Hwy 78 Scotch Ale

As winner of our 2014 AHA Homebrew Competition, Chris Banker was able to brew his champion recipe on our system, then see his creation distributed throughout the country. It was great exposure for all involved, but also let Stone give back to the roots of most craft brewer’s passion—home brewing. That’s the reason we release certain beer recipes to the homebrewing public, so people can recreate them or add their own spin. We love to see fans innovate in their own ways, building on our recipes or employing their own homespun techniques. Collaboration goes beyond sharing ideas and technical knowledge, it also means giving back to a community that didn’t have to support us, but took a chance and did in a BIG way. It also involves making a difference in the local community in a broader sense. Many craft breweries are involved with charities and fundraisers. Some of the noble organizations we’ve been able to help out over the past 18 years include The Surfrider Foundation, The Boys & Girls Club of San Marcos, the Palomar Family YMCA, Habitat for HumanityMake a Wish Foundation and Fight ALD to name a few. And we’re far from the only ones. Through the events of the San Diego Brewers Guild, and individually, San Diego’s brewers are extremely philanthropic, yet another positive quality that binds us.

Xochoveza BrewCrew

The saying “the rising tide floats all ships” is true in San Diego, where, to a person, each brewer takes great pride in the beer scene and their place in it, both as an individual and a cog in the vibrant machinery. Their interest in craft beer isn’t confined to one place. It branches out to other breweries, events and charities that are interconnected. Part of that interconnection and teamwork has to do with getting San Diego’s beers to market. Established in 1999, Stone Distribution Co. was very important to that mission, and another chance for us to help out our San Diego brewing brethren while also protecting their values and the quality of their beer from the brewery to the beer fan. That quality is the cornerstone of nearly every brewing company in San Diego County. Notes Travis Smith, Head of Fermentation and Execution (Brewmaster) at Societe Brewing Company, “The value comes from the quality of the new guard of breweries. Breweries that make high quality beer will help the image of San Diego beer. Anything less than that, doesn’t.” Instead of having to choose a distributor that didn’t necessarily understand the burgeoning scene and letting themselves be ruled by that contract, breweries had a choice of a distributor who understood all of the issues that could arise from their perspective and help spread the gospel of craft. They knew they could trust a fellow local brewer working to better the community’s reputation while ensuring beers were stored and transported under ideal conditions. The term “no-brainer” gets bandied about a lot, but in this case, we (and they) feel it applies.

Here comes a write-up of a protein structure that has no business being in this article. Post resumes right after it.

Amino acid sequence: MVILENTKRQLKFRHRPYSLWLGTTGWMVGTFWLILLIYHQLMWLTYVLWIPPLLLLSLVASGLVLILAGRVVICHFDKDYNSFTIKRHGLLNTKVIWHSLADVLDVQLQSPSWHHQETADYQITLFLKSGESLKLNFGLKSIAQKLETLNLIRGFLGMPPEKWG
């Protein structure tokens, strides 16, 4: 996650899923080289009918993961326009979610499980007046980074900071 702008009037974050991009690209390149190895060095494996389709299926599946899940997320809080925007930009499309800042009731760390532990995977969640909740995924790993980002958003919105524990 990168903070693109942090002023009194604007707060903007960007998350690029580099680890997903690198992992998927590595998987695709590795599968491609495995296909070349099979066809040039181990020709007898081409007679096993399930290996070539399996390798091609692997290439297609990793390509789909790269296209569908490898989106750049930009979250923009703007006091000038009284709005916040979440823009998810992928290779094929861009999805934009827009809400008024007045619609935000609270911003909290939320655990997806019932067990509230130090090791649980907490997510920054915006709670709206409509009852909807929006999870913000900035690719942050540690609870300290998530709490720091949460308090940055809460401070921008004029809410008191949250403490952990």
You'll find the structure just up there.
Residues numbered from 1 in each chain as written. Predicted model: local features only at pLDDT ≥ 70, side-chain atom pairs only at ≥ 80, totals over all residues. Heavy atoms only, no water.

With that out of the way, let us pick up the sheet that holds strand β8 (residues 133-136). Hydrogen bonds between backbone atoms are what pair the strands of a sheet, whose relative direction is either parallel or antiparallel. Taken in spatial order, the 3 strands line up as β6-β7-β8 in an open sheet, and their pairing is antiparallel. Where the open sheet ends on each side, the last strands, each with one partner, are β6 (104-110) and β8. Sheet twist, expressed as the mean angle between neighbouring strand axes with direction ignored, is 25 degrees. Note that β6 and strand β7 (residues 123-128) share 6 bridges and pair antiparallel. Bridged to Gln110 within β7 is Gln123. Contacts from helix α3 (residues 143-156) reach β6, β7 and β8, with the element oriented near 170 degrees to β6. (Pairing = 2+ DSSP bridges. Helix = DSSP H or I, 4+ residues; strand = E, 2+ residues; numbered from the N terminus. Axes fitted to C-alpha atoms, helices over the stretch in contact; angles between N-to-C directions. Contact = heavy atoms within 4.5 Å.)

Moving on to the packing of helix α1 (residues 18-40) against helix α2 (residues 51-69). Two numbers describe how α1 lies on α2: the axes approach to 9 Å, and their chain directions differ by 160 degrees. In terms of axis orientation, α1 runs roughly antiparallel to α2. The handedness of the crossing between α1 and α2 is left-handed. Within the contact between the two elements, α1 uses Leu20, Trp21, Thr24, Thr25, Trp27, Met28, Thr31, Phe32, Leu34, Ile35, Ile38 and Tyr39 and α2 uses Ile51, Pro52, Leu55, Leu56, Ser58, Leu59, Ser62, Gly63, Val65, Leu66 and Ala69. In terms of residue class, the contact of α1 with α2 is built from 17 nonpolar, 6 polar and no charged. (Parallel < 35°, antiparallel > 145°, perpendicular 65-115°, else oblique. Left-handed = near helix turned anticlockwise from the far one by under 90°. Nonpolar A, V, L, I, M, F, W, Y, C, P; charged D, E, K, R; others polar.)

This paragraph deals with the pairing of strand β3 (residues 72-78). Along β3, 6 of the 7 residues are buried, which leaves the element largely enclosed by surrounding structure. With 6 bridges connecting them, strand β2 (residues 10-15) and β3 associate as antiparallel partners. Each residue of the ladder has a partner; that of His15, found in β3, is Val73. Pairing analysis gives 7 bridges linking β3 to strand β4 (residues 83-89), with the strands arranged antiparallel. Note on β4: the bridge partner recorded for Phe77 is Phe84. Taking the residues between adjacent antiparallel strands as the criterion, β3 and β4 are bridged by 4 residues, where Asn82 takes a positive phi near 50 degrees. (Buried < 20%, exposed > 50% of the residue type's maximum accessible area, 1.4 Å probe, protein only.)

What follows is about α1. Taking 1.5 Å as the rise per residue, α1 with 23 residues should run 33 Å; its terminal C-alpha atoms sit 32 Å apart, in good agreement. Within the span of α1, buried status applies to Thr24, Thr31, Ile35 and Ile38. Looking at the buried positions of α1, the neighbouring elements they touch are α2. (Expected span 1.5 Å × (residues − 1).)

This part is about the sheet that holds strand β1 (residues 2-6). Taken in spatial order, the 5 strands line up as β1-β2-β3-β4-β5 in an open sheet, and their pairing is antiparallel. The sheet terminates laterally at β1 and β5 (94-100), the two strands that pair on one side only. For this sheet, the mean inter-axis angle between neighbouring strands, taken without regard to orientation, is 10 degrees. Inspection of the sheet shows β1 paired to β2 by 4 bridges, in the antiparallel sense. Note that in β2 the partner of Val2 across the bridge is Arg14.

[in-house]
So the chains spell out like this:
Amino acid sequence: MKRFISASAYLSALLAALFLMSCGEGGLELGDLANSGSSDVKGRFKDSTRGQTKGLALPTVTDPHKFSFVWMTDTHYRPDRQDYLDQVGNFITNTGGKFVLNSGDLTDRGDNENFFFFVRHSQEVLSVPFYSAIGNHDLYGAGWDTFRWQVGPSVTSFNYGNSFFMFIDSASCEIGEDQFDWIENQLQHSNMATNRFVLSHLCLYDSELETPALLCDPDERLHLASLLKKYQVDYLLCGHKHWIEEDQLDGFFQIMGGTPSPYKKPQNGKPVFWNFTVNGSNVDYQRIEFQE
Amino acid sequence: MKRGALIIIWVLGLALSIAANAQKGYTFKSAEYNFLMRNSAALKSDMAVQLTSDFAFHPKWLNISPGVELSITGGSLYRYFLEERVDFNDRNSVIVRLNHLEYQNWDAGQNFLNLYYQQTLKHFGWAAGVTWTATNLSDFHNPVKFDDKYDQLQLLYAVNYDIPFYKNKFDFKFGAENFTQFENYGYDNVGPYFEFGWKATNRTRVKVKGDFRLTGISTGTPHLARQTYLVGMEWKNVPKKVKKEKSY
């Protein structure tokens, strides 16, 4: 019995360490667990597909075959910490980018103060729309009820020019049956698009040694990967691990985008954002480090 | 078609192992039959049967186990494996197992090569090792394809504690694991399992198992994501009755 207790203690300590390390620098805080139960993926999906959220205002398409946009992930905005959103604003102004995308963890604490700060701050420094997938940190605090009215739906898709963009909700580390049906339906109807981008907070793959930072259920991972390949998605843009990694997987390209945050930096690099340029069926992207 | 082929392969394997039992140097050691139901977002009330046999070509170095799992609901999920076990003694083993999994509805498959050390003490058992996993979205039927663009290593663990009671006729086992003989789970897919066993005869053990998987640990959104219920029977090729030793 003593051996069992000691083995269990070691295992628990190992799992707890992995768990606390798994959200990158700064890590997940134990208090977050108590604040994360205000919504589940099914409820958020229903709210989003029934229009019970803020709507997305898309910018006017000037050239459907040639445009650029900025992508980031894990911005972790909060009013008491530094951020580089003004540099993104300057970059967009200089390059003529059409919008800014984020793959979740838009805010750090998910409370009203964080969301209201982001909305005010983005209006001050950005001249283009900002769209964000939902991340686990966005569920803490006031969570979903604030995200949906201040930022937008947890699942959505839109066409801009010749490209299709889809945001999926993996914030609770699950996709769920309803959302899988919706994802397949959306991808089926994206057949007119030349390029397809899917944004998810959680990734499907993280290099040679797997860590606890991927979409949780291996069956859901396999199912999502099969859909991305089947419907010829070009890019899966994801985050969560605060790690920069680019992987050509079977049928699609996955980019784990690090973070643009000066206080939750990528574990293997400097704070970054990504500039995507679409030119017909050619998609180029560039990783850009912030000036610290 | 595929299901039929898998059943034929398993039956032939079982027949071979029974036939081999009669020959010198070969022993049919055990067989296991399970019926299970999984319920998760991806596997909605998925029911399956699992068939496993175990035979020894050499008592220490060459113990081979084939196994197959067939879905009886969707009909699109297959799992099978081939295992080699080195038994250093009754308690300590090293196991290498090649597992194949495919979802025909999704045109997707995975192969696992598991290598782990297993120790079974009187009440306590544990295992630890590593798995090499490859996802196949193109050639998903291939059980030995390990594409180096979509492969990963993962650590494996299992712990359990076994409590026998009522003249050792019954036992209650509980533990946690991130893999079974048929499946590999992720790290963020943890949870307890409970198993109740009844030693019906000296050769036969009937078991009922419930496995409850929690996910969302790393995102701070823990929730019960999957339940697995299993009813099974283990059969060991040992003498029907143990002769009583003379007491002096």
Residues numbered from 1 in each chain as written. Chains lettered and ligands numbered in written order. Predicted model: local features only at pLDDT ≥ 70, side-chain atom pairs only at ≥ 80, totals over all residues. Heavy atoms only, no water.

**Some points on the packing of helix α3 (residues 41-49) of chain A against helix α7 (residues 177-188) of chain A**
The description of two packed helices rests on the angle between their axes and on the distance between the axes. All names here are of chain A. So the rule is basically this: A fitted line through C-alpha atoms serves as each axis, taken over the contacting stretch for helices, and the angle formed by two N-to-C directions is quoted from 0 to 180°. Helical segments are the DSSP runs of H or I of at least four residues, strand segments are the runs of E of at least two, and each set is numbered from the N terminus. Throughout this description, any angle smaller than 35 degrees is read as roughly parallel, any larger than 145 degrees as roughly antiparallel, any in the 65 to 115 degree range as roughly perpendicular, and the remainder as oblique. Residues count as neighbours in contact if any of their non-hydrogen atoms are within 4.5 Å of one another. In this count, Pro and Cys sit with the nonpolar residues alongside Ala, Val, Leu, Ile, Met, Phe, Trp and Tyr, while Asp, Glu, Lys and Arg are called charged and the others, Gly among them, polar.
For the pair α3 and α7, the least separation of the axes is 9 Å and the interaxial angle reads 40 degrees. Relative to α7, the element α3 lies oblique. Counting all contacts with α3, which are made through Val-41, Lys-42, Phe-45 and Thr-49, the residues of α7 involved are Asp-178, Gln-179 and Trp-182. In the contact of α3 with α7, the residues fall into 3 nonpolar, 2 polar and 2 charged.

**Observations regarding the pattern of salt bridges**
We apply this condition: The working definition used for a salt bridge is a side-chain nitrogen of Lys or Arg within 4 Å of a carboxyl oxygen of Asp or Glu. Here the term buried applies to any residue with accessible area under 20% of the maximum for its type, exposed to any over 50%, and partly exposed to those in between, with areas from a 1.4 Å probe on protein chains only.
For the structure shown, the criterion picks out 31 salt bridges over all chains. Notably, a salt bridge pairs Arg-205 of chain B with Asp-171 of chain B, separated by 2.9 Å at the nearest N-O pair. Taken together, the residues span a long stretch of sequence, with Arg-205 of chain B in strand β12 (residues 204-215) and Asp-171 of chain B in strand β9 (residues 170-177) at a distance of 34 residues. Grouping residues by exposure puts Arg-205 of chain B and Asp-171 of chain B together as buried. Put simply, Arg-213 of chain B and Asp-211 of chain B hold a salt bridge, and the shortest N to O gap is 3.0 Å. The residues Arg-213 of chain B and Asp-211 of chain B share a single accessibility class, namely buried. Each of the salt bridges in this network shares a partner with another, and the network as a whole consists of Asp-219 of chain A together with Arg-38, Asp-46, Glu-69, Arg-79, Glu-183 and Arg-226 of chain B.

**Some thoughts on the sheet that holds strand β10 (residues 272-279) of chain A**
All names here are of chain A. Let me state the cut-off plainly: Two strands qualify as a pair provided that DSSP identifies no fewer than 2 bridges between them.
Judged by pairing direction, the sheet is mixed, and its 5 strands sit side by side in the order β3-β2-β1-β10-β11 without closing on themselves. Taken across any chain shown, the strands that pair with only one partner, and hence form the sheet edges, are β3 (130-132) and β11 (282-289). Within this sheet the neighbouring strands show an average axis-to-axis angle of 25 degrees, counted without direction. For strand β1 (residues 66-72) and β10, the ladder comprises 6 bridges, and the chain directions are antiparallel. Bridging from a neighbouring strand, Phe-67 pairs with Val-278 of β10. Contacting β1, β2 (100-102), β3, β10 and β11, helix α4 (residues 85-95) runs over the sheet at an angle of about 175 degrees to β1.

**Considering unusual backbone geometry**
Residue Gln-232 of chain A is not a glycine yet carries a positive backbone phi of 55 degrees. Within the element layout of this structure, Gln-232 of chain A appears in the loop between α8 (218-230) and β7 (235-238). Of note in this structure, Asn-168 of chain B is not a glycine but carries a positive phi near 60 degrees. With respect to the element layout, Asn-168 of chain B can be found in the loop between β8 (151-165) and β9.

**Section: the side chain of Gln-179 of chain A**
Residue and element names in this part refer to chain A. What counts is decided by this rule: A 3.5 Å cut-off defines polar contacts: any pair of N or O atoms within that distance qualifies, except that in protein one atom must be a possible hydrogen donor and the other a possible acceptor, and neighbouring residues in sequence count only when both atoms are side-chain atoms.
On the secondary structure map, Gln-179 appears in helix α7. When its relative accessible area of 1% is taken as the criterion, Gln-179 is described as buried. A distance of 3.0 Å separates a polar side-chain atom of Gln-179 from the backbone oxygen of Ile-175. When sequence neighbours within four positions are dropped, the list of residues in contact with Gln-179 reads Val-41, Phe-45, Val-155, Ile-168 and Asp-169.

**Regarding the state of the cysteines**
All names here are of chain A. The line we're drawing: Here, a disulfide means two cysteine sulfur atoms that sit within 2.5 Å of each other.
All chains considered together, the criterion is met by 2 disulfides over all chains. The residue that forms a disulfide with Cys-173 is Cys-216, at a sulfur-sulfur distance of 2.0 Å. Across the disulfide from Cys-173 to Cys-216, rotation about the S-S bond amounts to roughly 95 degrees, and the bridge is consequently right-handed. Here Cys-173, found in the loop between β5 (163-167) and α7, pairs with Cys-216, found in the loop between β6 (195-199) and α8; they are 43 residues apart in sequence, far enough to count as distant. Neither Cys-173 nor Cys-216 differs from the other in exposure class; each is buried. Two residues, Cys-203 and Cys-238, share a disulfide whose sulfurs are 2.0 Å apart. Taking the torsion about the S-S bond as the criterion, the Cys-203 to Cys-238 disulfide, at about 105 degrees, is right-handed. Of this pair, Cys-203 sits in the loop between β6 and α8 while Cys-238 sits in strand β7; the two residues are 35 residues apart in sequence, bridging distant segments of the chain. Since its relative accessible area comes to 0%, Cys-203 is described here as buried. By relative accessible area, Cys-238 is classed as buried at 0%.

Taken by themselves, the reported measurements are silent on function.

Modern Times Truck

So why do craft breweries like the “collaboration not competition” mindset? For one, it’s much less stressful to applaud your like-minded comrades’ achievements and innovative ideas than try to push down and past 100 of your neighbors. At Stone, we’d much rather spend our time trying to be the best version of ourselves and brewing great beer rather than strategizing against our contemporaries, and the fact they feel the same way is encouraging and enlivening. Collaboration holds everyone to a higher standard, thus putting our region and its artisans in a very unique (not to mention fun) spot, where, naturally, there’s competition—this is business after all--but less so than other industries. After all, we all like to drink beer, especially at our friends’ places.